Wednesday, December 18, 2013

The FastNavĀ® GIS mapping component

FastNav is a commercial, offline mapping component for Windows XP/7, Windows CE (ARM) and Android. The Windows versions of this mapping component can be embedded in C# (Compact Framework or .NET Framework) programs, C++ programs, or any other language that supports COM. The Android mobile map software, pictured below, is currently a standalone app that accepts basic commands via intents, but it too could easily be altered to support embedding in other apps.

FastNav is currently used in Trapeze Mobility, which is used in RangerĀ® mobile devices for Taxis, Buses, Paratransit, and other commercial vehicle fleets; it's also being added to the Trapeze MDC software:

Here it is running inside a couple of Desktop Windows apps:

It also has been used as a non-graphical server-side component for routing computations.

FastNav was first deployed in the field over five years ago, and I always thought it should be something my company, Mentor Engineering, should market to other businesses, but they never did so. Other commercial mapping components have fantastically espensive licensing fees, so we could have easily undercut the competition and laughed all the way to the bank. However, to this day FastNav has never been marketed outside the company, even after Mentor Engineering was acquired by Trapeze Group. To this day there is not a single page on the internet about FastNav, so I decided to change that by writing this blog post.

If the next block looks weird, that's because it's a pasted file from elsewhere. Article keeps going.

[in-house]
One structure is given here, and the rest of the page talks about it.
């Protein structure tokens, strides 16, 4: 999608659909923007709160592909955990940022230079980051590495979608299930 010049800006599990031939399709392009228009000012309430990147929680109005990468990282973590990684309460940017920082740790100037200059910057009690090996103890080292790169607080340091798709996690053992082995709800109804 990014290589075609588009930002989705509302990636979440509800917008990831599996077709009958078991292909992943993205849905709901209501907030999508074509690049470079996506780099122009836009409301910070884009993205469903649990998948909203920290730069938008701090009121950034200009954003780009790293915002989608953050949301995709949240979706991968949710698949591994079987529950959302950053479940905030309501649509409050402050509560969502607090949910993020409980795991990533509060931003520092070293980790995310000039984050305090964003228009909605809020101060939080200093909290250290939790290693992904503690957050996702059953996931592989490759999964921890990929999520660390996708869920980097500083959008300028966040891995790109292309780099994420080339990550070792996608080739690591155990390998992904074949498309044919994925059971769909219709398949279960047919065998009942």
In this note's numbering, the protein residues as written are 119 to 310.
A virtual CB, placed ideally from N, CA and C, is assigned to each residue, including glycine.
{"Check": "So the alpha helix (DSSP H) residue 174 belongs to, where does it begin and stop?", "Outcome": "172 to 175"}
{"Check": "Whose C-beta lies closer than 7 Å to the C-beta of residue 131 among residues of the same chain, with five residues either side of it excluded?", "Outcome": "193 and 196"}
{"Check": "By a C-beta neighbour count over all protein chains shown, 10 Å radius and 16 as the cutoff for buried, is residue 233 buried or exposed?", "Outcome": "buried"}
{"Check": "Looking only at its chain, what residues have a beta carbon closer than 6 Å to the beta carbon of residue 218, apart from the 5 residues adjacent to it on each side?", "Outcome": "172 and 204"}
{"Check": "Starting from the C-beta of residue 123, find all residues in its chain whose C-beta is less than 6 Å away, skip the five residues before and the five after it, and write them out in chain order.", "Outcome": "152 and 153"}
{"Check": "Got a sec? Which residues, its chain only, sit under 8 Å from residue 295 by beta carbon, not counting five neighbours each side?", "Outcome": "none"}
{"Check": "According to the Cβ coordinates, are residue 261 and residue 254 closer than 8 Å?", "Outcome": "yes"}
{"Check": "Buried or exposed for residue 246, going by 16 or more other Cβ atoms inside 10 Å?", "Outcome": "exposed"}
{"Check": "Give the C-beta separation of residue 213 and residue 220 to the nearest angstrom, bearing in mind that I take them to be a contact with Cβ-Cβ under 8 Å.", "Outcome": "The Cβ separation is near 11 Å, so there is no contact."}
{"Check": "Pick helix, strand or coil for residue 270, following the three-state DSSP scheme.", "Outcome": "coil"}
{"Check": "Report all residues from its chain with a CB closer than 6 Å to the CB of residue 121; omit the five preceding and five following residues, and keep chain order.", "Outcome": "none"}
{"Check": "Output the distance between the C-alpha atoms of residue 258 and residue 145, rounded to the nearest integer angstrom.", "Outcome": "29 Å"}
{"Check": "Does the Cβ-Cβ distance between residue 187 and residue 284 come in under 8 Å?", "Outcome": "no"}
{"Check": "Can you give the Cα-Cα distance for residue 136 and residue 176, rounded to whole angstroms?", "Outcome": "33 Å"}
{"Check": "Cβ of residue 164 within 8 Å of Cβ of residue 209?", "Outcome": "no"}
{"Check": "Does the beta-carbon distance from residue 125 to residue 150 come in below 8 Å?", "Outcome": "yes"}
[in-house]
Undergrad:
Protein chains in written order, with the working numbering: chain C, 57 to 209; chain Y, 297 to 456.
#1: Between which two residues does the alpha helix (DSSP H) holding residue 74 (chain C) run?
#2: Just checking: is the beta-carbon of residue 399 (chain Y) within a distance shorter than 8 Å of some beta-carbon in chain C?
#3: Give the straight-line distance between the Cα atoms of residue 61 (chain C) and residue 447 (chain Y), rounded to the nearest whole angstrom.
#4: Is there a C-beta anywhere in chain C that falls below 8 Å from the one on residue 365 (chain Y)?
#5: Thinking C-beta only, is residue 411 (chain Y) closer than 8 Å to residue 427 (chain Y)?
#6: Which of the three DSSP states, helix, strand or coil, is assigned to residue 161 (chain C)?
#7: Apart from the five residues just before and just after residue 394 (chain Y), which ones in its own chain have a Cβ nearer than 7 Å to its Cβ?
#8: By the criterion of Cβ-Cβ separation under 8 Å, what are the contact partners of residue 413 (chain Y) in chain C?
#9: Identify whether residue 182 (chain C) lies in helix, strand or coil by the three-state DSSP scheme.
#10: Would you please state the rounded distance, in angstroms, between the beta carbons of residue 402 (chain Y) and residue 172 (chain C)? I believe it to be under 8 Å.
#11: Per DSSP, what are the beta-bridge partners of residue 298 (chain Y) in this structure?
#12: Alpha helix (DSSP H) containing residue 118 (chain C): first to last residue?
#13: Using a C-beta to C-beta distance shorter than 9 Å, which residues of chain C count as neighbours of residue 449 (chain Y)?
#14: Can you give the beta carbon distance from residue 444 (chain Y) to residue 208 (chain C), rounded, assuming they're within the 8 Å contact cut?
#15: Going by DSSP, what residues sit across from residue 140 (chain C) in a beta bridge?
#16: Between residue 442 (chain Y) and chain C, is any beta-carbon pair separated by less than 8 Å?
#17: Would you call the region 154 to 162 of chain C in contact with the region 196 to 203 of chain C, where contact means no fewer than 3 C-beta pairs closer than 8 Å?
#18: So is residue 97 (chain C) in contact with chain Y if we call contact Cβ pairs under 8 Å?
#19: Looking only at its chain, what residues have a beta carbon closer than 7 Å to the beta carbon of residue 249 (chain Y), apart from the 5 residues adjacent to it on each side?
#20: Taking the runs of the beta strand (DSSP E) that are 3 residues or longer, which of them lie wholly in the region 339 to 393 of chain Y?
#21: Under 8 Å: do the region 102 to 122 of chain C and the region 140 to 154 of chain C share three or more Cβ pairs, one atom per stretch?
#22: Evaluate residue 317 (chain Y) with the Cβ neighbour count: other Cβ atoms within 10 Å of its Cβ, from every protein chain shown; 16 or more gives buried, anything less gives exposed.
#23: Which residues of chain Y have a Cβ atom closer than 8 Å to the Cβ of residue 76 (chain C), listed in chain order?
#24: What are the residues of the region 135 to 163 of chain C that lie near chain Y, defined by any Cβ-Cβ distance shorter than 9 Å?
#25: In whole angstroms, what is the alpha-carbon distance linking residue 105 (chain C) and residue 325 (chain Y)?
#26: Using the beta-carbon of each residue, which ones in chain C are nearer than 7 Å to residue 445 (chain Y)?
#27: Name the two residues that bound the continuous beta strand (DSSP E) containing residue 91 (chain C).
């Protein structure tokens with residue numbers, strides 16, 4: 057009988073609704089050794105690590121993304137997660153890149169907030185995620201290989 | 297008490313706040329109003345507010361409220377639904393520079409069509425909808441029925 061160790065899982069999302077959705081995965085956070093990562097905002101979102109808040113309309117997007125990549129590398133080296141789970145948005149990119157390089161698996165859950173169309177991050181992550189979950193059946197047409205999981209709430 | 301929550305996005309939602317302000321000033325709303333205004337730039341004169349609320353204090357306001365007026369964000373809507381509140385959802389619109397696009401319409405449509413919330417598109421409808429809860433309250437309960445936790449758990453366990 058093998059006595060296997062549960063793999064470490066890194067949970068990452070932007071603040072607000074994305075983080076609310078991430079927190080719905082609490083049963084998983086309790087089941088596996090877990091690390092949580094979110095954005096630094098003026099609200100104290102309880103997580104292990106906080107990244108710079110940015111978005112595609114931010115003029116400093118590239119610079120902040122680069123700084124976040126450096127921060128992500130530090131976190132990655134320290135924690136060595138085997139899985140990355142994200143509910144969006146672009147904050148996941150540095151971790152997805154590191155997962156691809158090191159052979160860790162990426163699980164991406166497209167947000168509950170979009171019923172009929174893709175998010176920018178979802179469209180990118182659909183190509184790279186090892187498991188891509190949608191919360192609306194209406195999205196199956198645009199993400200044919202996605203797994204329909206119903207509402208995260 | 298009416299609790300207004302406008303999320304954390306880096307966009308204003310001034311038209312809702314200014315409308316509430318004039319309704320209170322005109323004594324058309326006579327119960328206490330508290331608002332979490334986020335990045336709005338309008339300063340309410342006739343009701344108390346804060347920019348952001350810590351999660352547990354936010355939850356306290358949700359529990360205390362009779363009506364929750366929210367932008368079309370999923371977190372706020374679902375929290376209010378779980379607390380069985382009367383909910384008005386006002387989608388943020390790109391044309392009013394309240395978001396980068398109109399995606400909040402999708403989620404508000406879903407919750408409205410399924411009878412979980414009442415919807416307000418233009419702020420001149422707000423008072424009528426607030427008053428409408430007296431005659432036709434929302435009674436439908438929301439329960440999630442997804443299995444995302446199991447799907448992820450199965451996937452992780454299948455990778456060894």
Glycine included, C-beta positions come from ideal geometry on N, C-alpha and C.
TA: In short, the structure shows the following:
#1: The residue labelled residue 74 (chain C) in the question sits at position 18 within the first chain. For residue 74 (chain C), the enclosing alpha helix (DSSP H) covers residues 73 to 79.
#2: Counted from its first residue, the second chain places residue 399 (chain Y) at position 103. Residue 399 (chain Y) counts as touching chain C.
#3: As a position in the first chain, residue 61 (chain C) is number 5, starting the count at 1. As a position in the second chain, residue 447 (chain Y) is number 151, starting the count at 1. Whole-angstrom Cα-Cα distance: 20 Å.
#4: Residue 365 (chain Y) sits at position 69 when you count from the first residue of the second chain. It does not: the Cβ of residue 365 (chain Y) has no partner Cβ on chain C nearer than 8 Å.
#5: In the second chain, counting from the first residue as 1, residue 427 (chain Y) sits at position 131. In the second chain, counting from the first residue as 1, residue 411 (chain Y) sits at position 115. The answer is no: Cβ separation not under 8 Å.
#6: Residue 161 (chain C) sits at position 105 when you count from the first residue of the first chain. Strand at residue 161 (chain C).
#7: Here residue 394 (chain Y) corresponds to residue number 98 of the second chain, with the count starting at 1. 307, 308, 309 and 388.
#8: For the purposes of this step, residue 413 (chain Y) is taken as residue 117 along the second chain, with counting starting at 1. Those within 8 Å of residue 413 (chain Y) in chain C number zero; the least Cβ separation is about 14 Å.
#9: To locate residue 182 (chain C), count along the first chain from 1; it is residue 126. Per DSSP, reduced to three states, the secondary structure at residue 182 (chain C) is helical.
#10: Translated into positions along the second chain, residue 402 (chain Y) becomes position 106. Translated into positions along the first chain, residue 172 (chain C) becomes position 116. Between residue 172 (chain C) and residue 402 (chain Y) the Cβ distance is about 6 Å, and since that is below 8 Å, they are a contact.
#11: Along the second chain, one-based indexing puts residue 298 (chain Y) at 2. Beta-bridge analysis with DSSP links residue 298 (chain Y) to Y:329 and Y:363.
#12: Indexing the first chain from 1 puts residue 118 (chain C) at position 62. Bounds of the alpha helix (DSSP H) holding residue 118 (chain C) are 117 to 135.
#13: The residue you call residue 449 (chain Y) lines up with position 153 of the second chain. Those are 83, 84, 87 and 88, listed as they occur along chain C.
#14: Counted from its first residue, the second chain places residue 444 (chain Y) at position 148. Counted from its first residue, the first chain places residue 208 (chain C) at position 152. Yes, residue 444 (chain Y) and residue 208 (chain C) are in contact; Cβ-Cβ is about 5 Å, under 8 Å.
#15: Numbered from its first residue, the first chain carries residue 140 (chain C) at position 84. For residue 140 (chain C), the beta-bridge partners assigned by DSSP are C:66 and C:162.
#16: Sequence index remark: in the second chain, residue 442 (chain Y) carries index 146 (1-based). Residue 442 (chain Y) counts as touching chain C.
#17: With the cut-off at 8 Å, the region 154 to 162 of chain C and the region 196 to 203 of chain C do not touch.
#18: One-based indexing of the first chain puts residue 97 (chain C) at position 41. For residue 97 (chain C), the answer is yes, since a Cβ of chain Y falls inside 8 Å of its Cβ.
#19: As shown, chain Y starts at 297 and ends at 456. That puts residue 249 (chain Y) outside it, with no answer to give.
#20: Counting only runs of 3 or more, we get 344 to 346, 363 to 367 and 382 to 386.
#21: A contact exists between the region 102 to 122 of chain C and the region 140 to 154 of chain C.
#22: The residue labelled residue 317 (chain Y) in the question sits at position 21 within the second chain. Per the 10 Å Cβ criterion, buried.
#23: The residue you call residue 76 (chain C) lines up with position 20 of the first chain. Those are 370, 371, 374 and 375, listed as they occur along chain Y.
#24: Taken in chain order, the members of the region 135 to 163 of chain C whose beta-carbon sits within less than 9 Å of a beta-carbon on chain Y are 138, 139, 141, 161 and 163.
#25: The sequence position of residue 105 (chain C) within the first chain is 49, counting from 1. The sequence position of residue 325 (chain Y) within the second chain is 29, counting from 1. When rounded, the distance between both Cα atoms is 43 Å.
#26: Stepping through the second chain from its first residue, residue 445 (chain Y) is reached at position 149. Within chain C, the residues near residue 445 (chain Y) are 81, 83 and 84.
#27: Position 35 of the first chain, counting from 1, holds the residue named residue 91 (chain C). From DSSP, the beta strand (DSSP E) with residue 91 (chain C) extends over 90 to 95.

FastNav is available as an SDK with numerous C# and C++ sample applications and about 200 pages of documentation in PDF and HTML format. Its drawing speed is competitive with similar products on the market (while showing a more detailed map), and its routing performance is excellent. For prospective customers, here's the most important page of that documentation:

SDK capabilities & limitations

This SDK was originally designed for map display and routing capabilities that you would find in handheld or in-car GPS navigation devices:
  • Read and decode NMEA data from a COM port
  • Show maps in 2D or 3D, in night or day mode.
  • Display and follow a vehicle as it moves on the map, display a computed route, display the current destination point, or display the entire map.
  • Display a map centered at a specific location and zoom level
  • Display a customizable number of street labels
  • Display and speak imperial or metric units
  • Allow the user to select a location on the map, and show information about the road at that location.
  • Look up cities, street names, house numbers, addresses, and points-of-interest (POIs), and retrieve the coordinates of, or route to, the location found.